Real Experiences for BHM 2016: Surviving in the Early 1900's

This black history month, I want to do something a little different. I think one of the problems in our country is that Black history is synonymous with the past and with slavery to most. I really want to go into a more personal level and highlight people making a difference everyday. People I've met, talked to, and been inspired by. So, this year for my daily spotlights I want to brag on y'all. FYI: if I don't post about you, it's not because you aren't awesome, it's because there's only 29 days in February, and I'm a graduate student so I can't just post until run out of friends and family...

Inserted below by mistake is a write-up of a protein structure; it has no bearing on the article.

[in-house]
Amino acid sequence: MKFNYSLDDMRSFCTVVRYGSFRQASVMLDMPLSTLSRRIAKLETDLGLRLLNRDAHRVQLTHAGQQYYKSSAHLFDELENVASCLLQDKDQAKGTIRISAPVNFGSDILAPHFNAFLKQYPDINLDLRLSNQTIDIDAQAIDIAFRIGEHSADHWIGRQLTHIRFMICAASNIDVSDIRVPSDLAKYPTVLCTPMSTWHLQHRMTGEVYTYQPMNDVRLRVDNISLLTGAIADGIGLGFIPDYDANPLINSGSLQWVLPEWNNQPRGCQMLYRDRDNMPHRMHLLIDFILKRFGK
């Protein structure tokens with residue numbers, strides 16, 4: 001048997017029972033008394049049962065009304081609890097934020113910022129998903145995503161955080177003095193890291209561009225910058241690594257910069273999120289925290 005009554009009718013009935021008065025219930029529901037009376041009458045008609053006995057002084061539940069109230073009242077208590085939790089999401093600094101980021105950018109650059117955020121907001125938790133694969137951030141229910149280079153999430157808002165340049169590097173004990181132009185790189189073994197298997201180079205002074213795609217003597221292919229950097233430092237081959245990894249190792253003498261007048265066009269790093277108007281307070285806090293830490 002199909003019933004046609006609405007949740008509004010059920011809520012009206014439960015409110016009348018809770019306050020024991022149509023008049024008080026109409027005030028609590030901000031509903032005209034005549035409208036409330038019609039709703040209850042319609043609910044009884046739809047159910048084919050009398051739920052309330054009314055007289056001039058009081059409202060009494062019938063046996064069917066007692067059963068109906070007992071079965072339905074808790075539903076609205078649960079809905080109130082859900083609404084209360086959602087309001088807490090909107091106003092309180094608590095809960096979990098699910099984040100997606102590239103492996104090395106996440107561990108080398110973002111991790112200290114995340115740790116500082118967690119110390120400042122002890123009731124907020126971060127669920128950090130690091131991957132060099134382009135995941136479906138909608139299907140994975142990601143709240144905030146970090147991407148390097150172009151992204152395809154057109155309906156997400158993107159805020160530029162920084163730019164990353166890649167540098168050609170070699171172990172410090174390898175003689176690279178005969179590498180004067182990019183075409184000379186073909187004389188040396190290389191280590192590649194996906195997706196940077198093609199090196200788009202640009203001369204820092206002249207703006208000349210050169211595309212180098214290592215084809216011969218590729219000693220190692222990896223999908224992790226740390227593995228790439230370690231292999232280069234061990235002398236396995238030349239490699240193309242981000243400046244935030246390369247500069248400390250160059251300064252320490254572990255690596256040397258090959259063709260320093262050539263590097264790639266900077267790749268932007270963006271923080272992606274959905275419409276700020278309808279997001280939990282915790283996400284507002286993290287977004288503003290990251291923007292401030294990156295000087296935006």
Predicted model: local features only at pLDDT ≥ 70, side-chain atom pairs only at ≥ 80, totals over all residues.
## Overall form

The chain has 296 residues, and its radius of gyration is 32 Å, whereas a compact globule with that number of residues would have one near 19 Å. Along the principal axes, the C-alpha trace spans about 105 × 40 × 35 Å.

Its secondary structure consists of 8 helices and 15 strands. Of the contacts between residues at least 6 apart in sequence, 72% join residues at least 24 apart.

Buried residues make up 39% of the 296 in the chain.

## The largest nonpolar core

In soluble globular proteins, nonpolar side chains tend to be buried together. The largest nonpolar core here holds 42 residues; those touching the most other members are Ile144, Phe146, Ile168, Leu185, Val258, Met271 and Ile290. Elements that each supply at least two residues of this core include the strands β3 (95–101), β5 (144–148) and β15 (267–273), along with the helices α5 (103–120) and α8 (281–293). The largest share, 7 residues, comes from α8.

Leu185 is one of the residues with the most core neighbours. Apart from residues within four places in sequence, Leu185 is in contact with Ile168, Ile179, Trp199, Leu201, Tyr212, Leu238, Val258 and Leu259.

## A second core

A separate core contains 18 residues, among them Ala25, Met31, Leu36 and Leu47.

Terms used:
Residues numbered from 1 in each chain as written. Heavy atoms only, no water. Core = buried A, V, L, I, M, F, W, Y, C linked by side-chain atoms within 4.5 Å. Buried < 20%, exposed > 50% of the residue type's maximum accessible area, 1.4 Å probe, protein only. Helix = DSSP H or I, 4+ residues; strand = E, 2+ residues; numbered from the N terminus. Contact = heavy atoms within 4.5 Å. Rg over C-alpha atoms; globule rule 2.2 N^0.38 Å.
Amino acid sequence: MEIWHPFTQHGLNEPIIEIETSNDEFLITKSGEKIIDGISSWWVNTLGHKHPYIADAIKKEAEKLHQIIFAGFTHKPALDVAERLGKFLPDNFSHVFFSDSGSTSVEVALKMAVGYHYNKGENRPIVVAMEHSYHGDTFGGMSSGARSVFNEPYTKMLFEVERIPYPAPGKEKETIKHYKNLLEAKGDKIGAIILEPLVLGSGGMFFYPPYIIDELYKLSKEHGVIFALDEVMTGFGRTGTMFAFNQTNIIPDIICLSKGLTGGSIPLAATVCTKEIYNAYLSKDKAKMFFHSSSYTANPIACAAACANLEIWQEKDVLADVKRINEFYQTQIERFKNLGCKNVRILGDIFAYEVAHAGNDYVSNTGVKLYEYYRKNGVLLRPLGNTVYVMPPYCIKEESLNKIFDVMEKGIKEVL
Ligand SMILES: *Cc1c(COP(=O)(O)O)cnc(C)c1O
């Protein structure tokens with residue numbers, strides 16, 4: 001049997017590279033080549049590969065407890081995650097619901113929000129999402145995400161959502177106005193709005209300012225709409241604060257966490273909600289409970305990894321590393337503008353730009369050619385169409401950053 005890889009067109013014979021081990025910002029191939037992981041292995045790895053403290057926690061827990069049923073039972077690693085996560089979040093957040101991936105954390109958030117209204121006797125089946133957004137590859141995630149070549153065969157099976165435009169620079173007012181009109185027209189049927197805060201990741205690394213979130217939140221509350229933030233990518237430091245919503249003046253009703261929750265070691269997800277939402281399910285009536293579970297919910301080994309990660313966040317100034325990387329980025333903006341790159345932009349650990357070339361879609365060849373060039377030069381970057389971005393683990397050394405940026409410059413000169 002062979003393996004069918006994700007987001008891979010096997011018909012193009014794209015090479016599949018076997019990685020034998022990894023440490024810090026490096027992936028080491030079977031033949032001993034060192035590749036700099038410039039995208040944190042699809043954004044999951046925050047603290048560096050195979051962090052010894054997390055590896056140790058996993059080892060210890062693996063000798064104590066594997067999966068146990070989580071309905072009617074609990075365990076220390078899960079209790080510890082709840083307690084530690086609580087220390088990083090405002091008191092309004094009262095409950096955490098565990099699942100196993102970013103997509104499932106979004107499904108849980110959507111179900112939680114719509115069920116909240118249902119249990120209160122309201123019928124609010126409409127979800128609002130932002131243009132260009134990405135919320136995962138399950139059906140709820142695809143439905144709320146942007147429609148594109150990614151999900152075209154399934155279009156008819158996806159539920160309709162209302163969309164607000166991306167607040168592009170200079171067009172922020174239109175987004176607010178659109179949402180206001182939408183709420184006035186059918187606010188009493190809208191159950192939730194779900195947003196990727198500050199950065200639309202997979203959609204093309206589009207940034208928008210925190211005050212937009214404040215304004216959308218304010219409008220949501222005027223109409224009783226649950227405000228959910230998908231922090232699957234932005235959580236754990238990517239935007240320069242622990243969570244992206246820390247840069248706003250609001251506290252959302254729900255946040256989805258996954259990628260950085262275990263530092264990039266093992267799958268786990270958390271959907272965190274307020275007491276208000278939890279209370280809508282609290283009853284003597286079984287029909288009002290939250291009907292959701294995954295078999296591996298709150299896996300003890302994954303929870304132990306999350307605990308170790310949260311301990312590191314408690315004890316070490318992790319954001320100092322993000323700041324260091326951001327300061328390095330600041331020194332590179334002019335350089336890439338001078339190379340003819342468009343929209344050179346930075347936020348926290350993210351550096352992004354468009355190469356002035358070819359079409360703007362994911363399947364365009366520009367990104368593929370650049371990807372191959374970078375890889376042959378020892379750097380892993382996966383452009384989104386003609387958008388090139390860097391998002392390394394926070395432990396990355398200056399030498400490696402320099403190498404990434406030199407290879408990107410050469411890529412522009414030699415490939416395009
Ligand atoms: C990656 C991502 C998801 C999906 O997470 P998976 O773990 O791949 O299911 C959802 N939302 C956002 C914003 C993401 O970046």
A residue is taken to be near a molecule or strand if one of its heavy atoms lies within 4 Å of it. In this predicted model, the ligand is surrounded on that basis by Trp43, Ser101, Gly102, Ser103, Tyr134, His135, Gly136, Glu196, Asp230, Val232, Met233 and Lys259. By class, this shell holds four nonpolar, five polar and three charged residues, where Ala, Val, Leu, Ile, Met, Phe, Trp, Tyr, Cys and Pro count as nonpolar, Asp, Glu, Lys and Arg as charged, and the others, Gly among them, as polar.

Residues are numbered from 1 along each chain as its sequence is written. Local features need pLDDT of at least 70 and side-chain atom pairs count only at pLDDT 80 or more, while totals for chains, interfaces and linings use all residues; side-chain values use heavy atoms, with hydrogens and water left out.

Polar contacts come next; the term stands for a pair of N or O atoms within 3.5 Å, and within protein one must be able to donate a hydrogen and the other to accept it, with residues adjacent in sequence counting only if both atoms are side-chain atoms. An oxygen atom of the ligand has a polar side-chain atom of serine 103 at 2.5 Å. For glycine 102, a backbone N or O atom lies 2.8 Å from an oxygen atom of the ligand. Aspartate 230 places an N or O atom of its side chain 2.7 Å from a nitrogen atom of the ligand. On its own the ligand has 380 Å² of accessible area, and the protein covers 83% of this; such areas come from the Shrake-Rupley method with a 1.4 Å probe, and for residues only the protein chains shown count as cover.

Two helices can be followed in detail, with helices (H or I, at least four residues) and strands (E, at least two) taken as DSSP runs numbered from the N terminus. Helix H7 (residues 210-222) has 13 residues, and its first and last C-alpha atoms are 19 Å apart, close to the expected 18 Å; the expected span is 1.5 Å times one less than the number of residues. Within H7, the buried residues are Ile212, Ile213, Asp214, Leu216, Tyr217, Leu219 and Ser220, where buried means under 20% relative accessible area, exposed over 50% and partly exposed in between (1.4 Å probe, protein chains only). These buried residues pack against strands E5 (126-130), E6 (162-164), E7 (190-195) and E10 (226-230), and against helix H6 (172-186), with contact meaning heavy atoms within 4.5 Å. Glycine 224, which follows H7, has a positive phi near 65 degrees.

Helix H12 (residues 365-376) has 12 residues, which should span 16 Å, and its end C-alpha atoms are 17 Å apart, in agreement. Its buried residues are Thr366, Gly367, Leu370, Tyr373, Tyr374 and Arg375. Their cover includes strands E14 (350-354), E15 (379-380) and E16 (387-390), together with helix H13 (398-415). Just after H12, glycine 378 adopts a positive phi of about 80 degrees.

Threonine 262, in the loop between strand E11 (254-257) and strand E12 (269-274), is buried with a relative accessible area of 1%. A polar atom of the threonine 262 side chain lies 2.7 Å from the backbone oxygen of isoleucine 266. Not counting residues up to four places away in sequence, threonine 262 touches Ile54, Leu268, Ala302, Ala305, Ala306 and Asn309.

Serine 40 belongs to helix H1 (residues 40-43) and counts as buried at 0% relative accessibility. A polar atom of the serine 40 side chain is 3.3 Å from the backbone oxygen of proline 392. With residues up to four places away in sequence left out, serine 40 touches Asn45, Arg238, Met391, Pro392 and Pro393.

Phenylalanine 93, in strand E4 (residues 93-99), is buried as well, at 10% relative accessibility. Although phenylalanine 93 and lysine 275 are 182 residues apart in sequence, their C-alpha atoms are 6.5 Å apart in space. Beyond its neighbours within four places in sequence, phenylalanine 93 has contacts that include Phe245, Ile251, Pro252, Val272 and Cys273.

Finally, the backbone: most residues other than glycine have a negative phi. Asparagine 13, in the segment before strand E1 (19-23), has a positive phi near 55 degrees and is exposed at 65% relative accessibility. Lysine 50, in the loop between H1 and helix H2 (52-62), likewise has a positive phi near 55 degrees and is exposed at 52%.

My black history month hero this year (and every year really) is a pair: Howard Hughes (not that Howard Hughes) and Iella Dewitt Hughes, also known as Papa and Granny to me and my cousins. Born in 1903 and 1915, respectively, they lived through some of the most dangerous eras of Southern history. Despite their circumstances and without being afforded any of the opportunities I have today (such as the option to complete high school) they were able to employ hard work to get farm land, a house (2 houses actually), and raise 5 kids. All 5 kids grew up to be strong, successful, and loving, despite also growing up the Jim Crow era. I'm proud of my grandparents (aunts and uncles, too) because they beat the odds. The heart of black history isn't about slavery or racism, but about strength and survival. When I look at what the people who came before me accomplished in the face of blatant adversity, I know that I have no excuse. ‪#‎NotAshamed‬ ‪#‎MyAncestorsWereSlavesButTheyStillCameOutOnTop‬ ‪#‎BlackHistoryMonth2016‬ ‪#‎OhSnapWeGet29Days‬ ‪#‎MakeItCount‬


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